Latin America Advisor

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What Does a Key Cabinet Change Mean for Chile?

Photo of Jackson Chilean Social Development Minister Giorgio Jackson, a confidant of the country’s president, stepped down from the cabinet this month. // File Photo: @GiorgioJackson via X.

Chile’s social development minister, Giorgio Jackson, resigned on Aug. 11 amid a corruption scandal targeting him and other leaders of his Democratic Revolution party. Jackson was a confidant of President Gabriel Boric. What kind of reconfiguration will Jackson’s departure trigger within the ruling party? How will opposing right wing factions take advantage of this reshuffling? What does Jackson’s departure mean for Chile’s left, and for Boric’s agenda?

Peter Siavelis, professor of politics and international affairs at Wake Forest University: “Giorgio Jackson’s resignation represents a major blow to President Gabriel Boric. Jackson is one of the president’s closest confidants from the 2011 student movement—a group of activists who catapulted themselves from the streets to the corridors of formal power. This second cabinet reshuffle within just 17 months underscores the instability within Boric’s government. However, this resignation is particularly harsh given Boric and Jackson’s close relationship as long-time friends and co-founders of the Frente Amplio coalition. Jackson cast his resignation as a move to eliminate the ‘excuses’ advanced by the right-wing opposition to hold up the president’s ambitious health care and pension reform agenda. The controversy surrounds irregular fund transfers of nearly half a million dollars to a private foundation tasked with aiding economically vulnerable populations and tied to the President’s Revolución Democrática party. What initially appeared to be an isolated incident quickly unraveled into a more widespread scandal, with similar transfers discovered throughout the country, further implicating members of the president’s party. Jackson’s departure comes in the wake of a relentless onslaught of charges against former cabinet members, demonstrating that the right-wing opposition parties are out for blood. Although conclusive evidence of wrongdoing remains elusive, public trust in the administration has dwindled, with the president’s approval rating plummeting to 27 percent. Even with the resignation, pressure from the right is unlikely to subside, as it has consistently flexed its muscles to derail the president’s agenda. These realities pose formidable obstacles to Boric’s efforts to rebuild public confidence and advance his policy agenda.”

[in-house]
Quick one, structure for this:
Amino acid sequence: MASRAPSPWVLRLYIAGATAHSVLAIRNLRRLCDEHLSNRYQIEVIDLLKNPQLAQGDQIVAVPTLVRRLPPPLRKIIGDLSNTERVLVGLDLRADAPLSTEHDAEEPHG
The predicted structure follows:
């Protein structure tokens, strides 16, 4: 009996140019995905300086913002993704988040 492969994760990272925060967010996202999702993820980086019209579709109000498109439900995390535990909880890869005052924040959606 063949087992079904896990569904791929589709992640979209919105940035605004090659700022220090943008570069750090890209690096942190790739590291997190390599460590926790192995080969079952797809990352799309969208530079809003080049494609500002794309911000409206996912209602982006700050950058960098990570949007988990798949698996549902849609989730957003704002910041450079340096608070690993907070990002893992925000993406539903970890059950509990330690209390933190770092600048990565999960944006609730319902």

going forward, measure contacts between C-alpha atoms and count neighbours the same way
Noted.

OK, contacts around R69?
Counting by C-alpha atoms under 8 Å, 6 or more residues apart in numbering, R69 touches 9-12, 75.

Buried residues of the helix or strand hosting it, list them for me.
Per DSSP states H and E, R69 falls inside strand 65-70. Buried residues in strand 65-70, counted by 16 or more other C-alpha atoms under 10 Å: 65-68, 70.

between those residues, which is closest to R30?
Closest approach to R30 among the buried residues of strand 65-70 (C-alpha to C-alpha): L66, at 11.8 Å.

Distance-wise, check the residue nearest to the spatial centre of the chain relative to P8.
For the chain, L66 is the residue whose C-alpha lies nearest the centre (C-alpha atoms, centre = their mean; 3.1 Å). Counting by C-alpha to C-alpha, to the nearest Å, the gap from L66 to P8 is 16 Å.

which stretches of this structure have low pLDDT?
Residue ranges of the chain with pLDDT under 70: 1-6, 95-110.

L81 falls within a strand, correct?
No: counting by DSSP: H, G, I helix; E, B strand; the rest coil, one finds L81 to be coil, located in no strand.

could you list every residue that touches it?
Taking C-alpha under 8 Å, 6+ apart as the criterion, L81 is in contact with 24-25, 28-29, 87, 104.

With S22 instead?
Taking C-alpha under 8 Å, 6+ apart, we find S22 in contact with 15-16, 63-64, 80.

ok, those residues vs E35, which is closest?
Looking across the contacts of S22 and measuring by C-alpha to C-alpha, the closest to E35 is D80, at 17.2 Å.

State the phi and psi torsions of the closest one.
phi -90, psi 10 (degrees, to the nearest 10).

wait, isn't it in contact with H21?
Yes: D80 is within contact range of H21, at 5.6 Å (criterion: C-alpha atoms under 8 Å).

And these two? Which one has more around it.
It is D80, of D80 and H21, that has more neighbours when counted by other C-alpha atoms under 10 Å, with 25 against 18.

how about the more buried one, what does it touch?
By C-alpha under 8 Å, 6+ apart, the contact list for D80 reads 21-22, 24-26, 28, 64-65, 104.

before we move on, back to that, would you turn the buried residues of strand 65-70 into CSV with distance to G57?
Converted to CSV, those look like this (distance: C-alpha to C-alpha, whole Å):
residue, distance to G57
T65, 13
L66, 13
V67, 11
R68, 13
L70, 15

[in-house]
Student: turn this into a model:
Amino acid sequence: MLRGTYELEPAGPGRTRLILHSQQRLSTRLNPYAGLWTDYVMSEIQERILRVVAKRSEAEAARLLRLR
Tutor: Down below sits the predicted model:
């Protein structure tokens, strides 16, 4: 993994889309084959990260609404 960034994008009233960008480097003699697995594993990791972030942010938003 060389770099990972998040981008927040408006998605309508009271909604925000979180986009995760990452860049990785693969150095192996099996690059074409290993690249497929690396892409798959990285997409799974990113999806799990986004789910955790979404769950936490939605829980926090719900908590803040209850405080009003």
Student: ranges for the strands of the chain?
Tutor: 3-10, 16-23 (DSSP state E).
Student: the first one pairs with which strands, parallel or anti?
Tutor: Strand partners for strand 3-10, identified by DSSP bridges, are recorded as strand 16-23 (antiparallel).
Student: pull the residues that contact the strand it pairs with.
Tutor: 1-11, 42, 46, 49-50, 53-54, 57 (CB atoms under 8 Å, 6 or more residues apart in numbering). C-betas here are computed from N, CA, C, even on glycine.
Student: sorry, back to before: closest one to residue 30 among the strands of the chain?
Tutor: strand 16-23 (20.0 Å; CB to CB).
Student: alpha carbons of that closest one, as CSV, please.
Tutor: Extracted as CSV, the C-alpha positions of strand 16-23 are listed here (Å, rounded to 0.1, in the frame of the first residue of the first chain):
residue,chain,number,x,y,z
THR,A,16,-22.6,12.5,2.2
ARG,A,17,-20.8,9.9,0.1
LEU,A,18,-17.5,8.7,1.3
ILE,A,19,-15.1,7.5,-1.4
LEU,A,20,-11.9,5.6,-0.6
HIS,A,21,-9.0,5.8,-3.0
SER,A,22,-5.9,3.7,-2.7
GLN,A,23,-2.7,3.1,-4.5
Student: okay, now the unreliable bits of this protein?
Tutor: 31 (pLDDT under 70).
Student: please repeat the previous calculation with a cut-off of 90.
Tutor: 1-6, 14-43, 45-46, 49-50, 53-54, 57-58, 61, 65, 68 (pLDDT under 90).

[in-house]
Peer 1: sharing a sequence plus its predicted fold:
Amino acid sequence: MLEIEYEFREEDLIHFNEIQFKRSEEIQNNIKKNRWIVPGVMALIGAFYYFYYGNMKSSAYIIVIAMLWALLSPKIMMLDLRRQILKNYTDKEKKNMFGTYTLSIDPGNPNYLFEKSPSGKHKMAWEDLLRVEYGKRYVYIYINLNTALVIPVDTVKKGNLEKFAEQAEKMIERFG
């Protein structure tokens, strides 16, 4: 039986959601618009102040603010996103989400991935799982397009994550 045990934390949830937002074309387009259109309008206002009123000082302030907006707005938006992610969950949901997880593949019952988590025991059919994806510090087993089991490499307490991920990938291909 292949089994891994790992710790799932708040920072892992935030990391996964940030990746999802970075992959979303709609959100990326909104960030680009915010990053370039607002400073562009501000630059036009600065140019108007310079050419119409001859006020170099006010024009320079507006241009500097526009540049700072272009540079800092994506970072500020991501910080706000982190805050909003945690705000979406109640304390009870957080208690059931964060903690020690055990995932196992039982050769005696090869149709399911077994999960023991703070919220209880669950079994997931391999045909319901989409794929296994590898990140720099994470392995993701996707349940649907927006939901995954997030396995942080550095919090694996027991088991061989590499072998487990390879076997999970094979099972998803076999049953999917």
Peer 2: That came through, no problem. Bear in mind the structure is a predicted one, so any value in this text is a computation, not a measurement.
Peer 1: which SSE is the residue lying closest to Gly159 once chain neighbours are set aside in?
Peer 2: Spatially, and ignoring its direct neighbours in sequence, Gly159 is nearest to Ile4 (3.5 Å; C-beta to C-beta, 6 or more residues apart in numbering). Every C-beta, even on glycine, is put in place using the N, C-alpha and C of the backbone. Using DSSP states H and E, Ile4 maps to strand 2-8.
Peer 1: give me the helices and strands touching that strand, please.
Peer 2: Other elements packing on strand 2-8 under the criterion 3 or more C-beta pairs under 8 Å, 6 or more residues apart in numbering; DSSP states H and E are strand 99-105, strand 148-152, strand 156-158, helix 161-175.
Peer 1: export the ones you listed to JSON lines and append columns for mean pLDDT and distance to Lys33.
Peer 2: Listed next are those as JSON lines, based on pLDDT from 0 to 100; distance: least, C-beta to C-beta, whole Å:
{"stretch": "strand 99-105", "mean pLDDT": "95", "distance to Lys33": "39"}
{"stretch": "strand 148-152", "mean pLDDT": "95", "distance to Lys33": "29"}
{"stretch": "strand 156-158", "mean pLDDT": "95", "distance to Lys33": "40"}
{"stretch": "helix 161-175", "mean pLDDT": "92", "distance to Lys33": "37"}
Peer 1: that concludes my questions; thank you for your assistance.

Manuel Agosin, professor in the School of Economics and Business at the University of Chile: “The resignation of Giorgio Jackson has further weakened the Boric government. However, it is doubtful that it will further damage what already is a weak government. Certainly, the corruption scandals are weighing heavily on the government’s very low capacity to get its agenda approved. But the Boric administration has not understood that, with a minority in Congress, it must negotiate in order to reach, however partially, its goals. Boric himself and many in his administration view negotiation as caving in. Unfortunately, that is not the way democracies work. With some negotiation and without so many red lines, which are basically ideological, the administration could partially achieve many of its goals. For example, the goal of improving pensions for low-income people can be achieved without redesigning the whole pension system. Unfortunately, an unstated objective of the administration is to end the current system by establishing a new entity to do much of the functions of the AFPs, the private firms that now receive and manage the funds of future retirees. If it understood that the government does not have the votes to kill the AFPs, which it views as a legacy of the Pinochet dictatorship, it could achieve its aim of improving pensions for low-income people using the institutional set up the country already has for pensions, which includes a lump sum pension for low-income people and the individual capitalization system administered by the AFPs.”